* There is a serious and ongoing discussion in the CPE ecosystem on how key players can work together to make the ecosystem — including product development, design, supply chain, and transportation — more sustainable.
* Three areas are emerging where changes can be made to make CPE more sustainable.
* Consumer demand for sustainable products will only increase, creating opportunities for NSPs to differentiate themselves and generate awareness of their sustainability initiatives.
AMSTERDAM - Oct. 19, 2022 - PRLog -- Cable and telecom service providers are investing significantly in reducing their carbon footprint. It represents a direct response to rising consumer awareness of climate change challenges, the emergence of stringent regulations and the mainstreaming of environmental, social and governance (ESG) initiatives across all sectors of the economy. According to Koen De Wulf, director of sustainability for VANTIVA, many leaders in the industry have concluded that the design, manufacture, distribution and management of customer premises equipment (CPE) offers an ideal opportunity to move the needle on this important priority.
"There is a serious and ongoing discussion in the CPE ecosystem around how key players can work together to make the entire ecosystem — including product development, design, supply chain, and transportation — more sustainable. It is creating an opportunity for network service providers (NSPs) who offer connected home CPEs to their customers to rethink their strategies for reducing their global footprint," says De Wulf.
There are three major areas where changes can be made to make CPE offerings more sustainable.
- Hardware. Operators are exploring, designing and investing in low-power CPEs made from recycled and environmentally sensitive material. They are also putting pressure on the value chain to improve and streamline manufacturing processes that produce less waste and consume fewer resources before, during and after CPE deployment.
- Software. There has been a lot of progress in reducing the form factors and energy requirements of connected home devices that are more intelligent and situationally aware. As a result, they can shut down — or go into sleep mode — when the unit is not in frequent use during different times of the day.
- Packaging. Operators are switching to using only reusable materials for packaging and are eliminating elements that do not directly contribute value to the user experience.
While these may not seem like earth-shaking changes, when you multiply each of these key areas by millions of devices worldwide, it significantly impacts our climate and sustainability.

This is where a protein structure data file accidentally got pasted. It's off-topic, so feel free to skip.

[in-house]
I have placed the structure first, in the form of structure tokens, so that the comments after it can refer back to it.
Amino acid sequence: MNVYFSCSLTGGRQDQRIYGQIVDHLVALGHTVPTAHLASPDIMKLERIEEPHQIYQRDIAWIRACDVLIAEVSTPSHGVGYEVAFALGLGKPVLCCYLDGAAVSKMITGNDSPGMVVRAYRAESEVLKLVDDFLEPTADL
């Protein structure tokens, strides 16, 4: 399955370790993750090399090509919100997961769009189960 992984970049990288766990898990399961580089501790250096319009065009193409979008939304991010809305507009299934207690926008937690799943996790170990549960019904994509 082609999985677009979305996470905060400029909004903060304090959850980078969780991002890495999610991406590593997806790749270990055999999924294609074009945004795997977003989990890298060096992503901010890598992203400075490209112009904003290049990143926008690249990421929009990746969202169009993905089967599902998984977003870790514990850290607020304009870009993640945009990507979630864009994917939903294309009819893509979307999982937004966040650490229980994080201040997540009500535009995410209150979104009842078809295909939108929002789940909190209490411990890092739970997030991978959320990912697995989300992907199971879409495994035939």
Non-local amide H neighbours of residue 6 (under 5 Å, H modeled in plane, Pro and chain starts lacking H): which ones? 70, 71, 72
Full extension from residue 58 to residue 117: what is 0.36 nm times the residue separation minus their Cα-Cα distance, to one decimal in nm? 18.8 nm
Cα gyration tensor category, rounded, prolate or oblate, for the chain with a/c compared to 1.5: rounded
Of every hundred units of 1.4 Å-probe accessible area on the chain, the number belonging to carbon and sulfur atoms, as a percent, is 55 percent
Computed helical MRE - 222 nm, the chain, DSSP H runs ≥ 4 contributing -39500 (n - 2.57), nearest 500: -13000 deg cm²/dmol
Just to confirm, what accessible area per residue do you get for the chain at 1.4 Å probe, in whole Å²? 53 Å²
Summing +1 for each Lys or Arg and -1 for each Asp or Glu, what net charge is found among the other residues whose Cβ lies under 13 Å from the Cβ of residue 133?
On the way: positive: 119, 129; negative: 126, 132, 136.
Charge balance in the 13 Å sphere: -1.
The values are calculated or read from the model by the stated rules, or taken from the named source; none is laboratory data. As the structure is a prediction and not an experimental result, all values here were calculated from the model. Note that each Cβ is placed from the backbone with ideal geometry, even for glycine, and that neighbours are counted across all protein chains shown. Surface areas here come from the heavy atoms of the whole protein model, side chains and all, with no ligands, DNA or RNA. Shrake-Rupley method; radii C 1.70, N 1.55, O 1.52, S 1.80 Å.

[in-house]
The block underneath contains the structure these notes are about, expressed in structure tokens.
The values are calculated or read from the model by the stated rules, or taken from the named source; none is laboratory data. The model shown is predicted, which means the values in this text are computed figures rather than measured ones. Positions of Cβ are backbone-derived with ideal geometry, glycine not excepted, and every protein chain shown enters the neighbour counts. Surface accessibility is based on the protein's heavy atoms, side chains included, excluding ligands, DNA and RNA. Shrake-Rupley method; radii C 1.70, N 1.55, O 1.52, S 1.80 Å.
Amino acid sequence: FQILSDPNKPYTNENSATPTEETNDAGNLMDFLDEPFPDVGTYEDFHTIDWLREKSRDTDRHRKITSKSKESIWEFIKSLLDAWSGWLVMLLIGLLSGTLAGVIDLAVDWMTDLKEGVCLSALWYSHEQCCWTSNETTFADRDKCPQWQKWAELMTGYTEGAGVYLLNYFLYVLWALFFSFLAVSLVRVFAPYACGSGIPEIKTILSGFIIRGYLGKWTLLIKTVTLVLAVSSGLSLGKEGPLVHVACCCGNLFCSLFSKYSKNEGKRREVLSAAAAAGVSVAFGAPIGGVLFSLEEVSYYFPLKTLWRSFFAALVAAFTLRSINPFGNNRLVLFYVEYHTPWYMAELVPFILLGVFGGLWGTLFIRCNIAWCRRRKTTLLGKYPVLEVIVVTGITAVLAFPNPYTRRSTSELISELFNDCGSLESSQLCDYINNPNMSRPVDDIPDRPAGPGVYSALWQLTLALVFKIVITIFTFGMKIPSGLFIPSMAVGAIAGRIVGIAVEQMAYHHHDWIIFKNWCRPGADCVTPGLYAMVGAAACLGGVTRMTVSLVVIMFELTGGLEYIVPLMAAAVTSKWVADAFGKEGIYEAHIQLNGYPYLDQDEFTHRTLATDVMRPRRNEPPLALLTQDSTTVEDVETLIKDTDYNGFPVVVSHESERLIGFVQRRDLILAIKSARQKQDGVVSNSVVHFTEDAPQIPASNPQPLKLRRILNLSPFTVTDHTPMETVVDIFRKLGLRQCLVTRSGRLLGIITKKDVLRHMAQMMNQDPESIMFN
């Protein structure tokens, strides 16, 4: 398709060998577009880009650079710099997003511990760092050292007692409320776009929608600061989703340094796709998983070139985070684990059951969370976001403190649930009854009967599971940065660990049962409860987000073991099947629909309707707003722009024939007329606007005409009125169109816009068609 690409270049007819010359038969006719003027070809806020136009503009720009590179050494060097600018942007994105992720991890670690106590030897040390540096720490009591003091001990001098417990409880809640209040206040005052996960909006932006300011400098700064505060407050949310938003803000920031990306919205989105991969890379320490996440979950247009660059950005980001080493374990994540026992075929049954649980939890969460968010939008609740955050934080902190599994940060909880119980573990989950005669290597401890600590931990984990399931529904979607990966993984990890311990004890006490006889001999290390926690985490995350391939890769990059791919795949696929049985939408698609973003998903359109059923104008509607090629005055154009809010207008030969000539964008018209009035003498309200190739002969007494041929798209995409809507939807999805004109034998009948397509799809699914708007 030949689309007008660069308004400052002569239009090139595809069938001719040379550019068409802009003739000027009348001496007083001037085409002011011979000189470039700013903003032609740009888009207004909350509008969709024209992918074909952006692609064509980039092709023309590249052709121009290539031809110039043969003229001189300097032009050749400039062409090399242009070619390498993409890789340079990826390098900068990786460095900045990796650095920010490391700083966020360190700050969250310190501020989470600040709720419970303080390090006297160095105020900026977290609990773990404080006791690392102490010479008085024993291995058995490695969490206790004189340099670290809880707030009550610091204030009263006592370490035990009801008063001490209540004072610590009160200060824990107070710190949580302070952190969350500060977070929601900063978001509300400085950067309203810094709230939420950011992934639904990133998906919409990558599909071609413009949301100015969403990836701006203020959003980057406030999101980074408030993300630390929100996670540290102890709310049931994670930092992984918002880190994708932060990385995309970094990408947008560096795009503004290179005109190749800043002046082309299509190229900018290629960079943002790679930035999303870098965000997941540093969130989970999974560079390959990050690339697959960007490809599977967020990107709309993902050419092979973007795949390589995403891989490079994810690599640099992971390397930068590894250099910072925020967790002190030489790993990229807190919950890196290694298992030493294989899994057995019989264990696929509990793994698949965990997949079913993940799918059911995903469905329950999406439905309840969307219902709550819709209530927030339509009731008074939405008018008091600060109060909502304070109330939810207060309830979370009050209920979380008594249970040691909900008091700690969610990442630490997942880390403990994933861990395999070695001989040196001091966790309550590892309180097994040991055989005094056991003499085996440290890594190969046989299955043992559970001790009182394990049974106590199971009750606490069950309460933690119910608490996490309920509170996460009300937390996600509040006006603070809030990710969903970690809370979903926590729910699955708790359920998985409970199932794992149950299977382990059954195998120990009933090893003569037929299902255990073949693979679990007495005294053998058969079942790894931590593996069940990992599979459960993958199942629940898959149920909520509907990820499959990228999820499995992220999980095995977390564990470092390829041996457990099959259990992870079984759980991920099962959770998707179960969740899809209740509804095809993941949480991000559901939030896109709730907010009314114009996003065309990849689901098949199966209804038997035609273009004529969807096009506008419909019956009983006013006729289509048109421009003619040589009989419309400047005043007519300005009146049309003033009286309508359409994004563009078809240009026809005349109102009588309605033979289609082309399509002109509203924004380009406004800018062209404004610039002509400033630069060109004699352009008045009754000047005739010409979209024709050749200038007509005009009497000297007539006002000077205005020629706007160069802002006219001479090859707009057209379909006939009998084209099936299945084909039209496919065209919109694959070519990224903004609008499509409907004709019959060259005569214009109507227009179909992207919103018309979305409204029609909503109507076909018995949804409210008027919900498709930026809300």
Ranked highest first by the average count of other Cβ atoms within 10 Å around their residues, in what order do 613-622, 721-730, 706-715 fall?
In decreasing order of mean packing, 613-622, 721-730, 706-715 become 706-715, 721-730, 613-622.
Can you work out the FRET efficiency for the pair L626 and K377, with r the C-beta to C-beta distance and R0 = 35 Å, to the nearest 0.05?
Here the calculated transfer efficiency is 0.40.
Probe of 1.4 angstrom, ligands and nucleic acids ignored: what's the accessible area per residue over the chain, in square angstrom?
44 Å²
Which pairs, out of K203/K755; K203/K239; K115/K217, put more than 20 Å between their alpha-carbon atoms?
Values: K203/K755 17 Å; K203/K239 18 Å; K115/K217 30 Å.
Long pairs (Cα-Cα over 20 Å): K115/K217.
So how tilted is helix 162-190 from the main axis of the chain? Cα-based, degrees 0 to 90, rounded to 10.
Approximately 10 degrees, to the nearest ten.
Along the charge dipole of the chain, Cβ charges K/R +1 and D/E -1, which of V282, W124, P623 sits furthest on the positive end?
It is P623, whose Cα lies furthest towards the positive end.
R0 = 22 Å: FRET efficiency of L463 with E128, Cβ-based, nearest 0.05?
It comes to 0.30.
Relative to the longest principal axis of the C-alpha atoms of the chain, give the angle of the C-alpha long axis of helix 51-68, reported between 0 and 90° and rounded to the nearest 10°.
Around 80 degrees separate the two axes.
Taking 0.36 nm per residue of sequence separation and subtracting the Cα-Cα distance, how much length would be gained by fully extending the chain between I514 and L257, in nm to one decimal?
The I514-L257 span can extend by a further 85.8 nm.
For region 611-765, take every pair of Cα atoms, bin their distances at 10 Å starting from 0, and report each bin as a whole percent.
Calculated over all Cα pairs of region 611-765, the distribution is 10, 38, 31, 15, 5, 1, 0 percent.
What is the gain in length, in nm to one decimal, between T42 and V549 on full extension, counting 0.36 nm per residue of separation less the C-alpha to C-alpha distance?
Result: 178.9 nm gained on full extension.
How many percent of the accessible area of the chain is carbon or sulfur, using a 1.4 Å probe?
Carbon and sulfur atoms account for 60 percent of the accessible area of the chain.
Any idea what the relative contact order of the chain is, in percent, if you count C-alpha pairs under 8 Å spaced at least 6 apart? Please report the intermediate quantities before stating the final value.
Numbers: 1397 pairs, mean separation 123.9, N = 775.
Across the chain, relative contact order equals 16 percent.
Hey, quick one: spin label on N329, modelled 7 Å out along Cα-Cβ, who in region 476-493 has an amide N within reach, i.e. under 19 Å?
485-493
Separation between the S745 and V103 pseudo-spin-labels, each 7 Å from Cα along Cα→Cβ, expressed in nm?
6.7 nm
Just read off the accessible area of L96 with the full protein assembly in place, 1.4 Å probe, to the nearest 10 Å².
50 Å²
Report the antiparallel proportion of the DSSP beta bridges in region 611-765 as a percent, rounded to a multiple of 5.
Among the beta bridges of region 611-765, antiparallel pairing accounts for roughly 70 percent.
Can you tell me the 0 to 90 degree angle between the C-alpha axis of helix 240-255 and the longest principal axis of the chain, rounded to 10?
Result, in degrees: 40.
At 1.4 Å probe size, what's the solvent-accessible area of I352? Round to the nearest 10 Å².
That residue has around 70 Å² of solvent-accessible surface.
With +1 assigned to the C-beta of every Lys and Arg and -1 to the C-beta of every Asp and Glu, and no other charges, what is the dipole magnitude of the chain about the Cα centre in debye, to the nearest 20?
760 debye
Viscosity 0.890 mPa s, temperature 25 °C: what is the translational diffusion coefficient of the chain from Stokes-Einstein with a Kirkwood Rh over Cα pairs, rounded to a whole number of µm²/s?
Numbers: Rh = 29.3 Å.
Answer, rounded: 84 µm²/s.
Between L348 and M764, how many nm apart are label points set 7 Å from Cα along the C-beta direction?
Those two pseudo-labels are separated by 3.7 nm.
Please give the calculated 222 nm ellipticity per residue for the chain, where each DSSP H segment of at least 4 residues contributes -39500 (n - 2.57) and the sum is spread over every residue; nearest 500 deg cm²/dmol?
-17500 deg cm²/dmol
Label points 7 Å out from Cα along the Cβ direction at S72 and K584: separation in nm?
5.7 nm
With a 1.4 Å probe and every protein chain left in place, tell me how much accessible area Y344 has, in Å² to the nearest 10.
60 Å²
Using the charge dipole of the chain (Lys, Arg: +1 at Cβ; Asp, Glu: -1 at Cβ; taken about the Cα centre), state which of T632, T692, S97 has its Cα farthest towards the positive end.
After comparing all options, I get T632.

The current generation of CPEs — gateways or set-top boxes — are very different today than just five years ago. They're more intelligent and more capable. These devices can perform multiple functions that, in the past, would have required multiple devices.
These multi-feature CPEs are not only more convenient for the end user, but they also introduce significant wins in the battle to improve sustainability.
"When you combine multiple devices into one powerful CPE, you are effectively reducing the number of resources needed for packaging and transporting these devices into homes all around the world," explains De Wulf.
"That said, this approach presents a challenge on the other end of the spectrum. When you start packaging and integrating many functionalities onto a single platform, the device becomes far more complex. This can result in elevating thermal heat generation and power consumption."
Sustainability is a Strategic Priority for NSPs
Sustainability is resonating with operators, especially those with large-scale reach and millions of devices in connected homes around the world. These operators are making major commitments to improve their sustainability profile. They are also finding that doing good for the planet is good for business. In many cases, sustainability initiatives lead to practices that decrease the costs associated with packaging and transportation.
Among cable providers, for instance, companies like Comcast, Cox, and Charter, have made carbon reduction commitments to be carbon neutral on or before 2035 during the NCTA show in April of 2022. Similar initiatives are taking place among global telcos, where most NSPs in this category are setting up dedicated management roles to drive sustainability initiatives.
As a result, companies are investing in hybrid and electric vehicles for their fleets and implementing programs to recycle the cable and related materials used to deploy broadband networks.
A growing number of consumers consider sustainability as they select the companies with which they want to do business. This has prompted NSPs to not only take action but also take a stand. They have become global champions and cheerleaders for global sustainability journeys.
We believe consumer demand for sustainable products will increase over time. This opens opportunities for NSPs to generate awareness around their sustainability initiatives. It is emerging as a key differentiating factor.
"There are significant up-front costs associated with creating and implementing sustainability practices. In this sense, NSPs have to commit to spending money before they can save resources. Over the long run, however, it is the right thing to do."
To read a Q&A with VANTIVA's Koen De Wulf, please visit:
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